Your goal here is to “breathe while bracing,” which means keeping your abs engaged while still maintaining controlled, rhythmic breathing. To practice, start by laying on your back with your legs bent and remove the arch in your lower back to engage your core muscles, Feldkamp says. Keeping your core braced, practice breathing in and out through your belly. Staying keyed into this breathing pattern will add rhythm to your workouts and provide greater stability as you move, Megna adds.
4. Don’t Pull on Your Head
When doing abs moves like sit-ups, crunches, and reverse crunches, avoid pulling on your head, which is a recipe for strained neck muscles. It’s also a less-than-ideal body position that too many of us already spend enough time in! You see, if you spend a lot of the day looking down at your phone or computer, your neck is already in flexion often, Feldkamp explains. The last thing you want to do is pull your neck further into that position during exercise.
During these exercises, place your fingertips on the outside edges of your ears and keep your palms open. “This places your elbows in a comfortable position but reduces your ability to pull on you head and neck,” Feldkamp says. If you aren’t doing an “elbow-to-knee” movement (think bicycles, sprinters, or crunches), cross your arms over your chest and place your hands on your shoulders, he advises.
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That said, “if you find yourself pulling on your head during abs exercises, modify your exercise selection or reduce your reps and sets to however many you can do without tugging so that you can engage your core while protecting your neck,” Feldkamp suggests. Often, pulling on your head signals that your core muscles can’t handle the exercise as is, and thus you need to tweak it.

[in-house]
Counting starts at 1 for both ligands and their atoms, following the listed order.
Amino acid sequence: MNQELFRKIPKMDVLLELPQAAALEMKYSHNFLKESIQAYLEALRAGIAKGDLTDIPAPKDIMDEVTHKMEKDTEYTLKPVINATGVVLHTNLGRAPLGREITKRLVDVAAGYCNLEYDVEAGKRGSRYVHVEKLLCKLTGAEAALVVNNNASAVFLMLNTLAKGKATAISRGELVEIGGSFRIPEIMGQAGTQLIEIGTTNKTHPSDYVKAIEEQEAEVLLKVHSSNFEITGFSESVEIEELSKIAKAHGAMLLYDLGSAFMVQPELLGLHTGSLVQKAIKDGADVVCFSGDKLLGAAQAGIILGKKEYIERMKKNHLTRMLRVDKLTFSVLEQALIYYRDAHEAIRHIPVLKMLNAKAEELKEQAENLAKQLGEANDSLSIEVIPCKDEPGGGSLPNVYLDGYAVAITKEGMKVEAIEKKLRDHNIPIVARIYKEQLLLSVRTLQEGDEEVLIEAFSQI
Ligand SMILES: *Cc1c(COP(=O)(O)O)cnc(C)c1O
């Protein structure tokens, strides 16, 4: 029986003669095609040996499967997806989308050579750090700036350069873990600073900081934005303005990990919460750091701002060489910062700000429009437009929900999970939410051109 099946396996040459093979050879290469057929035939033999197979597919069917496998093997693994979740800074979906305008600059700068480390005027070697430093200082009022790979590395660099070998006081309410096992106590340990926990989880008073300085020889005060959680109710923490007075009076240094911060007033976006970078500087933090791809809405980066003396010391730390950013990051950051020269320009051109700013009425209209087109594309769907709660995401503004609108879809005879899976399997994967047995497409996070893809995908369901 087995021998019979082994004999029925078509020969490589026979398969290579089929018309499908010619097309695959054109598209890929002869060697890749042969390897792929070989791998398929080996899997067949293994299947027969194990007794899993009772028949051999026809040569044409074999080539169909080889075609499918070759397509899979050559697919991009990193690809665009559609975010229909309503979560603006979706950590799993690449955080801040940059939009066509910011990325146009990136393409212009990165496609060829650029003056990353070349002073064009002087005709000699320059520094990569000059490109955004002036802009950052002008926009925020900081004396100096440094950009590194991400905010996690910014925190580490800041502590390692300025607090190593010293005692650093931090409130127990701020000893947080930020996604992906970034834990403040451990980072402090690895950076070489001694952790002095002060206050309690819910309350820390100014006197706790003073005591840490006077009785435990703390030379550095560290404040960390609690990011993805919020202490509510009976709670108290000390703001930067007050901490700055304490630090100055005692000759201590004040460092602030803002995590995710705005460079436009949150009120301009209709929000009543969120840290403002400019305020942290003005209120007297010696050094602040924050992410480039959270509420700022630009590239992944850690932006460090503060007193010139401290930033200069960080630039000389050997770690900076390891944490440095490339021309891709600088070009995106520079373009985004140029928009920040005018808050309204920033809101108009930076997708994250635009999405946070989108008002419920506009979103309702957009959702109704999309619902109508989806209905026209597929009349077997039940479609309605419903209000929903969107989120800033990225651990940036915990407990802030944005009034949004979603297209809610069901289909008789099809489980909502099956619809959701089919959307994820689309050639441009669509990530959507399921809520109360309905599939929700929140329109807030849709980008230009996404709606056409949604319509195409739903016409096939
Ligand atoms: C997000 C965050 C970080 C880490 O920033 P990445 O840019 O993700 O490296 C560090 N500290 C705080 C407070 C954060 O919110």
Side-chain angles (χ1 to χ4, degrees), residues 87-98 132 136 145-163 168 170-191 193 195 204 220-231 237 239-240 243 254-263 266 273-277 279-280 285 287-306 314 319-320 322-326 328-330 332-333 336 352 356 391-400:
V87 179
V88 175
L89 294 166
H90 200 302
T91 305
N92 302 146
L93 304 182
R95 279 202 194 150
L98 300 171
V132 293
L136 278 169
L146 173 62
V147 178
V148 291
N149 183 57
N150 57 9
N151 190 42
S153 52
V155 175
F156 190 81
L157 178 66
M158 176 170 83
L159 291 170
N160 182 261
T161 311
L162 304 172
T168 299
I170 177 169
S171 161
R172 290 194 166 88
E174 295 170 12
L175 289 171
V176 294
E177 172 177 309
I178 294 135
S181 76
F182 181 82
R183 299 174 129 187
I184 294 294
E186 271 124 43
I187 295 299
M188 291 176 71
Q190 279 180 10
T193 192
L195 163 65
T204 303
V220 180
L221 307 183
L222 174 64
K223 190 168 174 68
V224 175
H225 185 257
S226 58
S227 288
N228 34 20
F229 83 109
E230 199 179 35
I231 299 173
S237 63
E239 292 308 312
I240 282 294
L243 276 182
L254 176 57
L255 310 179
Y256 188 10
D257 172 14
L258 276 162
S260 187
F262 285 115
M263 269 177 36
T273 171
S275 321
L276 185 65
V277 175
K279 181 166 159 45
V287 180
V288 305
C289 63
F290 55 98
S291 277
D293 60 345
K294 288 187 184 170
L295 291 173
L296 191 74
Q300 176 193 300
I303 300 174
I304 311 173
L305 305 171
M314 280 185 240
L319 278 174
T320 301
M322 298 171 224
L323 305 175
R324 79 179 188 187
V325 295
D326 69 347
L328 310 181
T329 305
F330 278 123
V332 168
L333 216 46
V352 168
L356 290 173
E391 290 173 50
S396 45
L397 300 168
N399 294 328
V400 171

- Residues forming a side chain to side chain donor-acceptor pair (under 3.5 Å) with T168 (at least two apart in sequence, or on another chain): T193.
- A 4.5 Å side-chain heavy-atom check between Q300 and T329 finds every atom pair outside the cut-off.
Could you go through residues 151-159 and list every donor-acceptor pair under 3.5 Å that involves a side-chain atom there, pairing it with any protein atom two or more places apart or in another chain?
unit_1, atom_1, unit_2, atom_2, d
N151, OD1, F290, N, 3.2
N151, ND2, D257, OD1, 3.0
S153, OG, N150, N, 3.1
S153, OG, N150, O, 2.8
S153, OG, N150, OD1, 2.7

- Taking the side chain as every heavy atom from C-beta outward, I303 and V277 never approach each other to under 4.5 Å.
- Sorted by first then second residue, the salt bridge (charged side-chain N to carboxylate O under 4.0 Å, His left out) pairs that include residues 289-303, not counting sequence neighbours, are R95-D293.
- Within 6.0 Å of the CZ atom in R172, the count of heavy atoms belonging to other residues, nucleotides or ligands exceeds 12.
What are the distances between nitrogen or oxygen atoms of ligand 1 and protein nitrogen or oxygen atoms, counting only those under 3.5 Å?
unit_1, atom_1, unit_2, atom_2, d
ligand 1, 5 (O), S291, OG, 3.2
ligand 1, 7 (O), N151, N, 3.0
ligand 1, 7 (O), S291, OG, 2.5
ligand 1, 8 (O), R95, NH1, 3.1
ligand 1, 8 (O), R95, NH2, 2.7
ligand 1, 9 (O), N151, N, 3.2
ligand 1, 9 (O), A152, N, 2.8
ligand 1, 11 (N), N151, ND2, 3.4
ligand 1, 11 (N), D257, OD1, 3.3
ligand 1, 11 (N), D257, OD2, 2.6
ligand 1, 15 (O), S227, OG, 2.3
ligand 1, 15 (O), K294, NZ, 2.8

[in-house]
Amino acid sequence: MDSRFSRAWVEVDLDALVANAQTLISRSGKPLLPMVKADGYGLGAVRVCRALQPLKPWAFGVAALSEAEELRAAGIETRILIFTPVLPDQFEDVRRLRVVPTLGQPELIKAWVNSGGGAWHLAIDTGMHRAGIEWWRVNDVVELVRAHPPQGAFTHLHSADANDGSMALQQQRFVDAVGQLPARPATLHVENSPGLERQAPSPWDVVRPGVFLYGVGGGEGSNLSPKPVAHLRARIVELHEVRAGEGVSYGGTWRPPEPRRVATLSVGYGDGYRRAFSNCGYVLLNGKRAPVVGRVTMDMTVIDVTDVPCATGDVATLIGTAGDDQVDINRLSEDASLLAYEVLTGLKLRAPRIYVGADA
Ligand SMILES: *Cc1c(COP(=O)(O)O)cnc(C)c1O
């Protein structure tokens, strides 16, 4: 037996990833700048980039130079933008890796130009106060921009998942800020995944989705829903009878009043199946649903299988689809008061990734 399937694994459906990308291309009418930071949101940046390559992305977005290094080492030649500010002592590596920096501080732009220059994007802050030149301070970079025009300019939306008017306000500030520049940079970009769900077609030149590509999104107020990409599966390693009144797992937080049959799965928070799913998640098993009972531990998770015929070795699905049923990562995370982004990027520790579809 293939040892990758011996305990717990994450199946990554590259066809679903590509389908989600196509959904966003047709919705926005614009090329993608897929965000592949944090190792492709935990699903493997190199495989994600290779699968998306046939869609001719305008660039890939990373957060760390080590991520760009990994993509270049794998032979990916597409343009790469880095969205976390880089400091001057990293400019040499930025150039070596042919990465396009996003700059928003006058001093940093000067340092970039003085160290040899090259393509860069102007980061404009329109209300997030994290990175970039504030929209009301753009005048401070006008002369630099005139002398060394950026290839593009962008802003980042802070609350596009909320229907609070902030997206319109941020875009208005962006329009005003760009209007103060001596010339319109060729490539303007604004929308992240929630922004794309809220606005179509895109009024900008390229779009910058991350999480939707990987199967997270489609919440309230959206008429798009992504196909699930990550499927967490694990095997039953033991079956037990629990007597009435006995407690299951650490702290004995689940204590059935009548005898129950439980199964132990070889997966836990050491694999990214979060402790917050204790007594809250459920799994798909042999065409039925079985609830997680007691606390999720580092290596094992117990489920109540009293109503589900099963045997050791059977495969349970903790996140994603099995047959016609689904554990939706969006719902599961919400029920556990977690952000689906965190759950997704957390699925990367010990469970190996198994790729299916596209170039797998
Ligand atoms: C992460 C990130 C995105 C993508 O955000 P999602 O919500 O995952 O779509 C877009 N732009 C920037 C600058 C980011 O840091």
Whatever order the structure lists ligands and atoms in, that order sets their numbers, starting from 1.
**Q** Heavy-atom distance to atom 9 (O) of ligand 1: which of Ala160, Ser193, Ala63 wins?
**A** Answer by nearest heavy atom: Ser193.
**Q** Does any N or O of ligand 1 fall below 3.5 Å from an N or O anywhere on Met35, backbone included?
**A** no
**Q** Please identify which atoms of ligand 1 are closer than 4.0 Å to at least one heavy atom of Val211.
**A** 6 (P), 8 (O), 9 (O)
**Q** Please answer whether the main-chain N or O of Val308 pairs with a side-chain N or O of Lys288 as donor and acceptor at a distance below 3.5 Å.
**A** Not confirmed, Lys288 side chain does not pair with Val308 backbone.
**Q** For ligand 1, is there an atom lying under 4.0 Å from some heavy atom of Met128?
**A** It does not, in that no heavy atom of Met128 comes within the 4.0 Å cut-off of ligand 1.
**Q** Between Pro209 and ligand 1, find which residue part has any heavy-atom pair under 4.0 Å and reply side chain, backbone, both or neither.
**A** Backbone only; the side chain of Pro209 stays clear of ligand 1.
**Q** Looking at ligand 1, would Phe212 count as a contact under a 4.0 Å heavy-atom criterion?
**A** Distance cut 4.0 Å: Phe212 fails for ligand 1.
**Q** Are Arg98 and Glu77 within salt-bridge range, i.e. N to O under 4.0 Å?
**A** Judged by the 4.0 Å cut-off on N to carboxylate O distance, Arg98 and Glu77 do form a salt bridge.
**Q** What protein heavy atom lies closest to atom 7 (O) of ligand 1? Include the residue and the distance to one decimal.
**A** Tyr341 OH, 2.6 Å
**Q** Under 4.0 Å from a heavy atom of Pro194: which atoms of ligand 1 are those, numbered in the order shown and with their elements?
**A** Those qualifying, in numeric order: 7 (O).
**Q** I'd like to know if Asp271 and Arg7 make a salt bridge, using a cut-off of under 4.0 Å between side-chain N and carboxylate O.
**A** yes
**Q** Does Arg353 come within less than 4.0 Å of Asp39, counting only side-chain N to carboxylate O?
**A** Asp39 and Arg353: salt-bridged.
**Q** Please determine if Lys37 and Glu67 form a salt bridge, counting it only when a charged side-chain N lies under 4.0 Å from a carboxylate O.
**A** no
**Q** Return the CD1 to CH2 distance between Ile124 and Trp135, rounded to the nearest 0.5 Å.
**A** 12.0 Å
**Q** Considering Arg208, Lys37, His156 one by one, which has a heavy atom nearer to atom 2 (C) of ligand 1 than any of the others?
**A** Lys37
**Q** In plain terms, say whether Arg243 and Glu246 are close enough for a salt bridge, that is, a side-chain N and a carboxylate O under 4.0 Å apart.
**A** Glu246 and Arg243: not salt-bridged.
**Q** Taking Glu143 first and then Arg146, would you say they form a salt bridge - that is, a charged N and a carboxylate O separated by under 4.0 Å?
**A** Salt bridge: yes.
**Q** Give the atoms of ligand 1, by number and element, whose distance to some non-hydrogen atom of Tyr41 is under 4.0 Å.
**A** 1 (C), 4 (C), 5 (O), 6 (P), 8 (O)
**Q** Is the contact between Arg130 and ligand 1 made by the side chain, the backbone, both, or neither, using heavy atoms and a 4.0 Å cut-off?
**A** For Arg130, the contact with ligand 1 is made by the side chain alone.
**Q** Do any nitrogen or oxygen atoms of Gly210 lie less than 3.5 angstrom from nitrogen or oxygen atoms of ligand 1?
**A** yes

5. Don’t Rush To Add Reps Or Weight
Many of the core exercises you’re probably familiar with are perfectly effective when performed with just your body weight. In some cases, you can add resistance with weights over time, but don’t get ahead of yourself. Adding weight too quickly increases your risk of injury due to DOMS (delayed-onset muscle soreness) or causes you to compensate with other muscle groups, Feldkamp says. If your core isn’t strong enough to handle the additional challenge (whether that’s weight or extra reps), it recruits other muscles to help out, which often end up doing more of the “heavy lifting” than your actual abs, Feldkamp explains. In many exercises, your hip flexors often end up working harder than your core.
Whether you want to incorporate weight or increase your time under tension, slow and steady is your best bet.
If you’re newer to working out, Feldkamp recommends starting with:
- Two or three days of core work per week
- Two or three sets of eight to 12 reps of each exercise
- 20- to 40-second holds for static moves like planks and hollow-body holds
If you have a solid training background, you can increase reps and sets at a quicker pace. Shoot for:
- Three to five days of core work per week
- Two to four sets of 10 to 15 reps of each exercise
- 30- to 60-second holds for static moves like planks and hollow-body holds
If you’re a veteran gym-goer, try:
- Two to seven days of core work per week
- Three to four sets of 12 to 20 reps of each exercise, using weight
- 45-plus-second holds for static moves like planks and hollow-body holds
6. Squeeze Your Glutes, Quads, and Abs
When in a plank, squeeze your butt, quads, and abs to reap the most benefits from the position. “While bracing those muscles may reduce your overall plank time, you know that your body is in the right position and that activating the correct muscles plays into your long-term health and success,” Feldkamp says. If you don’t fire up all of these muscles when doing planks, there’s less stability in the hips and back, which can compromise alignment and lead to pain or injury.